How to Extend a Non-Immigrant ED Visa at Chiang Mai Immigration (Airport)

There’s much confusion about what’s going on at Thai immigration offices. Just recently, Chiang Mai Immigration has moved (back) from Promenada Mall to the old location near the CNX airport, with a new queuing system.

As I haven’t found any recent information on the web myself, I’m going to tell you my story today (this was actually today, Monday, November 19th of 2018 at the “new” immigration office).

Show up early

Be aware that extending a Non-Immigrant / long stay visa is different from extending a tourist visa (e.g. SETV or visa exemption). You will get a different queue and you will need to provide more documentation.

Rumor has it that people start queuing at 5 o’clock.

I showed up about 7:45, walked up to the information counter right inside the main entrance and handed my stack of documents to the guy in the brown uniform. He did a quick check, stapled the documents together, and handed them back to me, along with queue number E34.

Anyway, I got number E34 and my number was called at about 11:30 – almost four hours later. I was able to run some errands in the meantime, so no biggie.

There is a QR-code printed on the queue ticket which purportedly lets you check the queue status online – however it didn’t work when I tried it (I got some error message on the website).

Have all your documents ready

The following documentation is needed to extend a Non-Immigrant ED visa at Chiang Mai Immigration:

  1. TM.7 Application Form (download), filled in and with
  2. A photo of you, 4x6cm
  3. Copies of all relevant pages of your passport, namely
    1. The picture / data page
    2. The last entry stamp
    3. The TM.6 departure card
    4. The current visa (which is to be extended)
  4. A copy of your TM.30 receipt*
  5. Documentation from your school (this is usually prepared by your school)
    1. A letter requesting to extend your visa
    2. Some form of proof that you are attending, for instance an assessment form signed and stamped by the university
    3. Some form of proof confirming your identity – (CMU had a letter with my  passport photo and signature on it, stamped and signed by the University)
    4. Two forms with declarations about the reason for extending and confirmation that overstay and working is illegal, etc.

Sign all copies. Also, you will have to pay 1900 Baht so have them ready.

*Note that they will ask for a current TM.30 receipt. Your landlord needs to register you at immigration within 48 hours of you entering Thailand – every time you leave the country and come back you have to renew this, which I didn’t know at first.

You don’t need the TM.30 receipt for extending a tourist visa (at least I didn’t need one back at Promenada Mall), but for the ED visa it appears to be mandatory – there even are signs posted outside the immigration office, stating that you absolutely need a TM.30.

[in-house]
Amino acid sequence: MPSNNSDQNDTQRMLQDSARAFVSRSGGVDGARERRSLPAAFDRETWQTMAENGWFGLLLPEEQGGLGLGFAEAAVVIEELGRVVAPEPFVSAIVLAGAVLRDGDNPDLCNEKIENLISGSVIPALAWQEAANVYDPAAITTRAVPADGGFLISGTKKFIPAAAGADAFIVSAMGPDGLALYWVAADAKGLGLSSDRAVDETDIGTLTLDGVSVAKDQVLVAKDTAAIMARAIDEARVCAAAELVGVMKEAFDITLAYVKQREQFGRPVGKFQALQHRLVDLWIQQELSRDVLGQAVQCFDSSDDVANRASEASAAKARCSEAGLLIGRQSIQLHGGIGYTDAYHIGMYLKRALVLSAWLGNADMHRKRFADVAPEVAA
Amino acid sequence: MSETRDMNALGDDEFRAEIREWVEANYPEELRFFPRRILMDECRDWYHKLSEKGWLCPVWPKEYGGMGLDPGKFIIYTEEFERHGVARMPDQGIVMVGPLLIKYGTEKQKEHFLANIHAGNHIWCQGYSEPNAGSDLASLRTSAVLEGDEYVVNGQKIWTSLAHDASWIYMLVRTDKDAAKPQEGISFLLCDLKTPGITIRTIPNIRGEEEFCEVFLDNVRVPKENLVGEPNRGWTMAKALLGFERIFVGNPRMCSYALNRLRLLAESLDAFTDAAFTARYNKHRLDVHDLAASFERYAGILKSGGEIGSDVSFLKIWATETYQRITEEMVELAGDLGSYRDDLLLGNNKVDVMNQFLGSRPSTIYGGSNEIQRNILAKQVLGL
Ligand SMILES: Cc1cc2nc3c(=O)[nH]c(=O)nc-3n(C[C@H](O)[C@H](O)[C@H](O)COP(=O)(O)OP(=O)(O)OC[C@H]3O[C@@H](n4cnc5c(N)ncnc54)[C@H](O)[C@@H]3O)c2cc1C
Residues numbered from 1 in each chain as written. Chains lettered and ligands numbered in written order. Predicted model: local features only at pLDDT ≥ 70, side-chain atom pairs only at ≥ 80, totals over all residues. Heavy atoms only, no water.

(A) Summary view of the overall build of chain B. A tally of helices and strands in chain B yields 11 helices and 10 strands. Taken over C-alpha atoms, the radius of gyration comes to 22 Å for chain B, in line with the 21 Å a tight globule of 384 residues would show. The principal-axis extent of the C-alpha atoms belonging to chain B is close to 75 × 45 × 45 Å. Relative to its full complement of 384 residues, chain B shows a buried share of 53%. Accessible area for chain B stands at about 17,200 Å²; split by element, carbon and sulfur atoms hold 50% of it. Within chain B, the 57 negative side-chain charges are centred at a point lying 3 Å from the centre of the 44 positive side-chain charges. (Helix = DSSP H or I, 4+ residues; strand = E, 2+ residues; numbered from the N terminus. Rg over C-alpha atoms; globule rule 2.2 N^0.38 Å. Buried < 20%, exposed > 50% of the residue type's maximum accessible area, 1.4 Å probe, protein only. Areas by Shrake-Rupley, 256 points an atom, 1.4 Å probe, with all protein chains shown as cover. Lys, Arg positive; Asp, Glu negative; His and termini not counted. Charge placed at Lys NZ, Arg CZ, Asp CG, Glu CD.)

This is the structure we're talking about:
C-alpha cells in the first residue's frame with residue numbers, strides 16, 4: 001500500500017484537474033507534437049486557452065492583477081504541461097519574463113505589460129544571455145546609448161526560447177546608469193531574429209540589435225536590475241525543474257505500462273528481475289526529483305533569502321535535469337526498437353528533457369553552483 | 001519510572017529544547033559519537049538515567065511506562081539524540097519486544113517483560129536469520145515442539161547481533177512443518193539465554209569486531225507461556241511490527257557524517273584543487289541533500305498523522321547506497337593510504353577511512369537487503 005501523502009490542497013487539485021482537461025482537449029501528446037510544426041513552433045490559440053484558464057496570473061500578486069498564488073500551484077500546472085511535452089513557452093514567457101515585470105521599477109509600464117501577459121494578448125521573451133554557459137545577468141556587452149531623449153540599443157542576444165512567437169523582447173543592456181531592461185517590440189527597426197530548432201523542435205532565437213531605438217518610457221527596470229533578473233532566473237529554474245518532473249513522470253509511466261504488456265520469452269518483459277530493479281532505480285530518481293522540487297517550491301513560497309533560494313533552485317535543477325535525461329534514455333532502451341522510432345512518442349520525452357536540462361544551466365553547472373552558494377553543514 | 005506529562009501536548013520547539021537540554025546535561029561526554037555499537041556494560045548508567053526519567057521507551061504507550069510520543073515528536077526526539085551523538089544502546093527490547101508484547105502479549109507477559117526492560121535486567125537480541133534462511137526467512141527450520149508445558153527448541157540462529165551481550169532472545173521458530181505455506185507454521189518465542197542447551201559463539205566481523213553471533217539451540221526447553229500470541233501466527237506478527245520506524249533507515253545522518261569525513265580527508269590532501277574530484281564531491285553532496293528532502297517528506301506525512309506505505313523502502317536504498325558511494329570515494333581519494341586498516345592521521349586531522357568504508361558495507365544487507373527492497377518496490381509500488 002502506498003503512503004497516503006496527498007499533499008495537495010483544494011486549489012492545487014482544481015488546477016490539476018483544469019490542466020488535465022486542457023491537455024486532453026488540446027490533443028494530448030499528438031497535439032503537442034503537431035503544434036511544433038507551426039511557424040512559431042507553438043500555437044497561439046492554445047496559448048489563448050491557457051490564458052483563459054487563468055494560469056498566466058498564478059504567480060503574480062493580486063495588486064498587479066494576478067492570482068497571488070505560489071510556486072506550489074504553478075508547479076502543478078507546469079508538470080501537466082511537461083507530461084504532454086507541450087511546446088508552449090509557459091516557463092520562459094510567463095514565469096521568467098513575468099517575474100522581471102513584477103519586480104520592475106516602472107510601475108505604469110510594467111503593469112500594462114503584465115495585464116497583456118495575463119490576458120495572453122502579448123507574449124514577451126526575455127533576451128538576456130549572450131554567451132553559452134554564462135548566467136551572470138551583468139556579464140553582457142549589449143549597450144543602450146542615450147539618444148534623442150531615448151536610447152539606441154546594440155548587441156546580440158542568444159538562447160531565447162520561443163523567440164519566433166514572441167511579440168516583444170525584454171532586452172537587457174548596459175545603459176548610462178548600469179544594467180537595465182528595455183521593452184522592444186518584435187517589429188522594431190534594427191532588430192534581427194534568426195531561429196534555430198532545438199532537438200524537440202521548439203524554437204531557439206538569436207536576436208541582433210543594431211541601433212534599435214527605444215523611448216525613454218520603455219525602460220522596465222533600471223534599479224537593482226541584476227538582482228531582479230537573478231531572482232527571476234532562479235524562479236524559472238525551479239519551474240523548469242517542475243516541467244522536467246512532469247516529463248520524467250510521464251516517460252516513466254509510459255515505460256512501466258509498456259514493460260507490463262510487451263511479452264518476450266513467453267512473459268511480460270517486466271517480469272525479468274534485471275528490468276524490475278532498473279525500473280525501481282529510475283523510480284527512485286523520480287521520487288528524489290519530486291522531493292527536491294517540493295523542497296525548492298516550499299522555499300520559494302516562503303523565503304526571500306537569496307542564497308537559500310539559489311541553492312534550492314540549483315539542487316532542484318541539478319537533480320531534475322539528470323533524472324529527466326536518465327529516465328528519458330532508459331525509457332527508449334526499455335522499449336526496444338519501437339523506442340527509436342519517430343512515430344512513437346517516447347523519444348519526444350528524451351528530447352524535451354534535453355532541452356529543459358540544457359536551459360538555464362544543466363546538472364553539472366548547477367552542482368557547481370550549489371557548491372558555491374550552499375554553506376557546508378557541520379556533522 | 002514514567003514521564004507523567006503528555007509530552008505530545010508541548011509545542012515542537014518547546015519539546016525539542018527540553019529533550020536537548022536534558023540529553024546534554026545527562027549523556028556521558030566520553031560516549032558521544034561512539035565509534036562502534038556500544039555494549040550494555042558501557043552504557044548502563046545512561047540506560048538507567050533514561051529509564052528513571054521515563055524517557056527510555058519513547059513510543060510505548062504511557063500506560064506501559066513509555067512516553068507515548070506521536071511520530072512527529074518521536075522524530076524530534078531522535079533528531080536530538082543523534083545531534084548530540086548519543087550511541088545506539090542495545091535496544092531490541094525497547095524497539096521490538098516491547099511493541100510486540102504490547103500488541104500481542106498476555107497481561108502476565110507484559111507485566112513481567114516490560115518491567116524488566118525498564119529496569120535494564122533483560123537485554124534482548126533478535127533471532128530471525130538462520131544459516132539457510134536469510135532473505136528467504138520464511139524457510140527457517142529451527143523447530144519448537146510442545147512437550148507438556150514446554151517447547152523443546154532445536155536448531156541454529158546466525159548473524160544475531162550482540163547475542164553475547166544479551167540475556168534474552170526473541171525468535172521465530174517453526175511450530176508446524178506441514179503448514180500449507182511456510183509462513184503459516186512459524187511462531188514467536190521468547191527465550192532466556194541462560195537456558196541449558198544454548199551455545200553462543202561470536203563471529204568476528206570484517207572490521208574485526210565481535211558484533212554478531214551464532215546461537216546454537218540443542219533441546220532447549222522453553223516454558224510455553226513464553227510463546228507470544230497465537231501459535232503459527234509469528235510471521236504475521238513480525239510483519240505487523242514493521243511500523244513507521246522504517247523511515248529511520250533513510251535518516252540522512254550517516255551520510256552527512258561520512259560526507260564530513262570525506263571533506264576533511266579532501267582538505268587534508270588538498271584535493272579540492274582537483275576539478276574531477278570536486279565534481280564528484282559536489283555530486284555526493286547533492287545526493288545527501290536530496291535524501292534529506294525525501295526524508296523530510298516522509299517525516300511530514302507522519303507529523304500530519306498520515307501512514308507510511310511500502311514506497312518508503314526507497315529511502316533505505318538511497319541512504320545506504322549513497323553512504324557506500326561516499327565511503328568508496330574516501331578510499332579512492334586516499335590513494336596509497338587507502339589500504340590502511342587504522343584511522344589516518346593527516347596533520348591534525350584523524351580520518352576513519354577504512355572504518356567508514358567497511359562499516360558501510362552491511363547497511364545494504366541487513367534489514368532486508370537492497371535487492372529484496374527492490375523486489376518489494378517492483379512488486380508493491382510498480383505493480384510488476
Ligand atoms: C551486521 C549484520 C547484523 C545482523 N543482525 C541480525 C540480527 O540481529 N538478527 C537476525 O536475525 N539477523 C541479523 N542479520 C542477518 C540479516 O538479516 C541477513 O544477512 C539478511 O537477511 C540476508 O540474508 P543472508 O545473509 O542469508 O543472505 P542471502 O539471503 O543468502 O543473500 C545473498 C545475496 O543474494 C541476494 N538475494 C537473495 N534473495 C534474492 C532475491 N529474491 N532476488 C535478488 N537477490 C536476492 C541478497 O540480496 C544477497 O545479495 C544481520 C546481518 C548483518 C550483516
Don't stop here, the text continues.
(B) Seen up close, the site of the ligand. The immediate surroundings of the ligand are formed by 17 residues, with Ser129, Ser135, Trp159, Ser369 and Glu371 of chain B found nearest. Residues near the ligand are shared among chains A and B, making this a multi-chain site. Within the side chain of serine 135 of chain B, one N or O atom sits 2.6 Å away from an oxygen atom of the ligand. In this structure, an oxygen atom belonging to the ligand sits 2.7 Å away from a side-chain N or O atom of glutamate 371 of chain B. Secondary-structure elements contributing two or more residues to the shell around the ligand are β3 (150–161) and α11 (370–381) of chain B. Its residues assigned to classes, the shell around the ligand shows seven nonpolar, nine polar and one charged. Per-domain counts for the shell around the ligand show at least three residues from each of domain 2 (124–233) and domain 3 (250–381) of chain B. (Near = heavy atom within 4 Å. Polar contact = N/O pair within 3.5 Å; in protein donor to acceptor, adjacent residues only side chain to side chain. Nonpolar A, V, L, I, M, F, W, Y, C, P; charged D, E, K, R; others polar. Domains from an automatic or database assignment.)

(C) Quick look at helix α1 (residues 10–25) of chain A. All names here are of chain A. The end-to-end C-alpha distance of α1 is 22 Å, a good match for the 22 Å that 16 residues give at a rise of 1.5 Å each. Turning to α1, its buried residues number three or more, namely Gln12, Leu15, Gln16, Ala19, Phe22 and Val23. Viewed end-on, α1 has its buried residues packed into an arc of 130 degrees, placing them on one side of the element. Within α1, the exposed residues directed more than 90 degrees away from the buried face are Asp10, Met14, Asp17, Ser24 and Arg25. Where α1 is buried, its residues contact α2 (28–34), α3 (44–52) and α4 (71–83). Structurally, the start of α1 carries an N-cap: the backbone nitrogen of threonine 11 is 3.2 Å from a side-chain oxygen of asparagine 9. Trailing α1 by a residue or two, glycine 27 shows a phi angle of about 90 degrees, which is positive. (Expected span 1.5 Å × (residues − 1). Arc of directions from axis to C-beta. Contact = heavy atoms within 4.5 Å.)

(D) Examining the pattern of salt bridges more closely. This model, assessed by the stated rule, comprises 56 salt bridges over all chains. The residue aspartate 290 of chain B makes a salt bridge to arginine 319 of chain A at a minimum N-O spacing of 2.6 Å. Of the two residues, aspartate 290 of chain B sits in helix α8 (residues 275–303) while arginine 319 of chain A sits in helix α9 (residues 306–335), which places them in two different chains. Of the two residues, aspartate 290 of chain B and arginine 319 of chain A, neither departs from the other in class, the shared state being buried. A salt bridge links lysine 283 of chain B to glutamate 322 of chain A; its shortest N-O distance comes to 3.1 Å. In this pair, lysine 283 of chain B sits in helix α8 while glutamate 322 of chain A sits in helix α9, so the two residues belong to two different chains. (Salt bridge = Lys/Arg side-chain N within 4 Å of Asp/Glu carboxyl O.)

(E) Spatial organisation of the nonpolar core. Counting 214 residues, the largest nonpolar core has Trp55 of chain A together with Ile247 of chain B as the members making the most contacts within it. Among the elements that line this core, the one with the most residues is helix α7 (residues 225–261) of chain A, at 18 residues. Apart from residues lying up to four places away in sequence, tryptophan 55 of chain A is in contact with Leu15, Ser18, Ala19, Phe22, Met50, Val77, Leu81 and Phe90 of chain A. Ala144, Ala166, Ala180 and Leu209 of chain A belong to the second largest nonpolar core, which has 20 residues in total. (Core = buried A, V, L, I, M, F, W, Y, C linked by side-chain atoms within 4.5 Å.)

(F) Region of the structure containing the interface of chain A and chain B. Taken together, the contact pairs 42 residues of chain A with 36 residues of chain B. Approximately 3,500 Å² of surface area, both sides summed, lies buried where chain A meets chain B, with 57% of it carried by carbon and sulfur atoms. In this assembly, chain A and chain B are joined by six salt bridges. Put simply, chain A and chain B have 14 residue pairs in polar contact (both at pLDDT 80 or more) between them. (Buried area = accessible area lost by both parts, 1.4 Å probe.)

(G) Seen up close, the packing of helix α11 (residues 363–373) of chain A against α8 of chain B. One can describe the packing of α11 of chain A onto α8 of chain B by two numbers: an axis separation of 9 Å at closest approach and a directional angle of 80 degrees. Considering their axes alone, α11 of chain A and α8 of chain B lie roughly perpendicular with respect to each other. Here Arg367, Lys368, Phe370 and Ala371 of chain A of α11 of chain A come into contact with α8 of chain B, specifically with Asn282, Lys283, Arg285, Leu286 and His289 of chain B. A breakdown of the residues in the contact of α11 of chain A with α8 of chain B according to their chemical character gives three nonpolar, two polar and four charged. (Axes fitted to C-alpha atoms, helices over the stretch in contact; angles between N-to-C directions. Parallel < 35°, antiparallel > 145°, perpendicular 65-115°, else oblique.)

So at 11:30 I was called to the counter and handed in my documents, which were complete and sufficient. I guess when you wait four hours and don’t have sufficient documentation, you’re out of luck. The guy who gave me the queue number didn’t spend much time checking them.

Now the guy at counter 7 did a thorough check of my documents and passport, and hammered an estimated 15 to 30 stamps onto them. Then asked me to take a picture at the next counter.

After my picture was taken, I was asked to sit down and wait. After another 45 minutes of waiting, my name was called via the intercom and I got my passport with the extended visa.

I hope that helps someone 🙂



(Fine) Dining in Tokyo

Just recently I returned from my first trip to Tokyo, Japan. Having heard about Japanese culture, part of which often seems quirky to the average central European, I was curious of what we would encounter.

And I was not disappointed at all. We saw grown up men in business suits cheering for Japanese Idol groups – dancing, waving with banners and glow sticks. We saw gigantic pagodas, Buddhist temples, Shinto shrines and neat gardens. And we saw ASIMOPachinko parlors and Maid Cafés.

But what I liked most was the food. We had Michelin-starred Ramen at Tsuta, a small noodle restaurant hidden between residential buildings – a waiting queue of people was tucked away in an entrance around the corner. We ate Sushi at Uobei Shibuya Dogenzaka, a fully automated Sushi restaurant – well, the food is still prepared by human cooks, but you order on a touchscreen and the food is delivered within minutes on two small rail systems which pass by your table in front of you.

One of the highlights was eating Sushi at Yasuda – a small restaurant and bit on the expensive end (we spent about 16’000 ¥ per person, that’s roughly 130 €). The restaurant can seat about 10 people at the counter surrounding the chef, Naomichi Yasuda. There, we ordered “Omakase” which basically means the chef is going to select the food for you. The chef would then prepare each individual piece of Sushi, while engaging in conversation with the guests. It was entertaining and the Sushi was great.

On the last evening of our stay, we visited Omoide Yokocho, also known as Piss Alley, a narrow alley in Nishi-Shinjuku crammed with bars and small restaurants. A very unique spot to enjoy a whole evening of eating and drinking.

At the open-air rooftop of one of the bars, we met two Lufthansa airplane crews – apparently this specific bar is a favorite hangout for them when they spend a night or two in Tokyo between flights. We chatted with 747 pilots and stewardesses.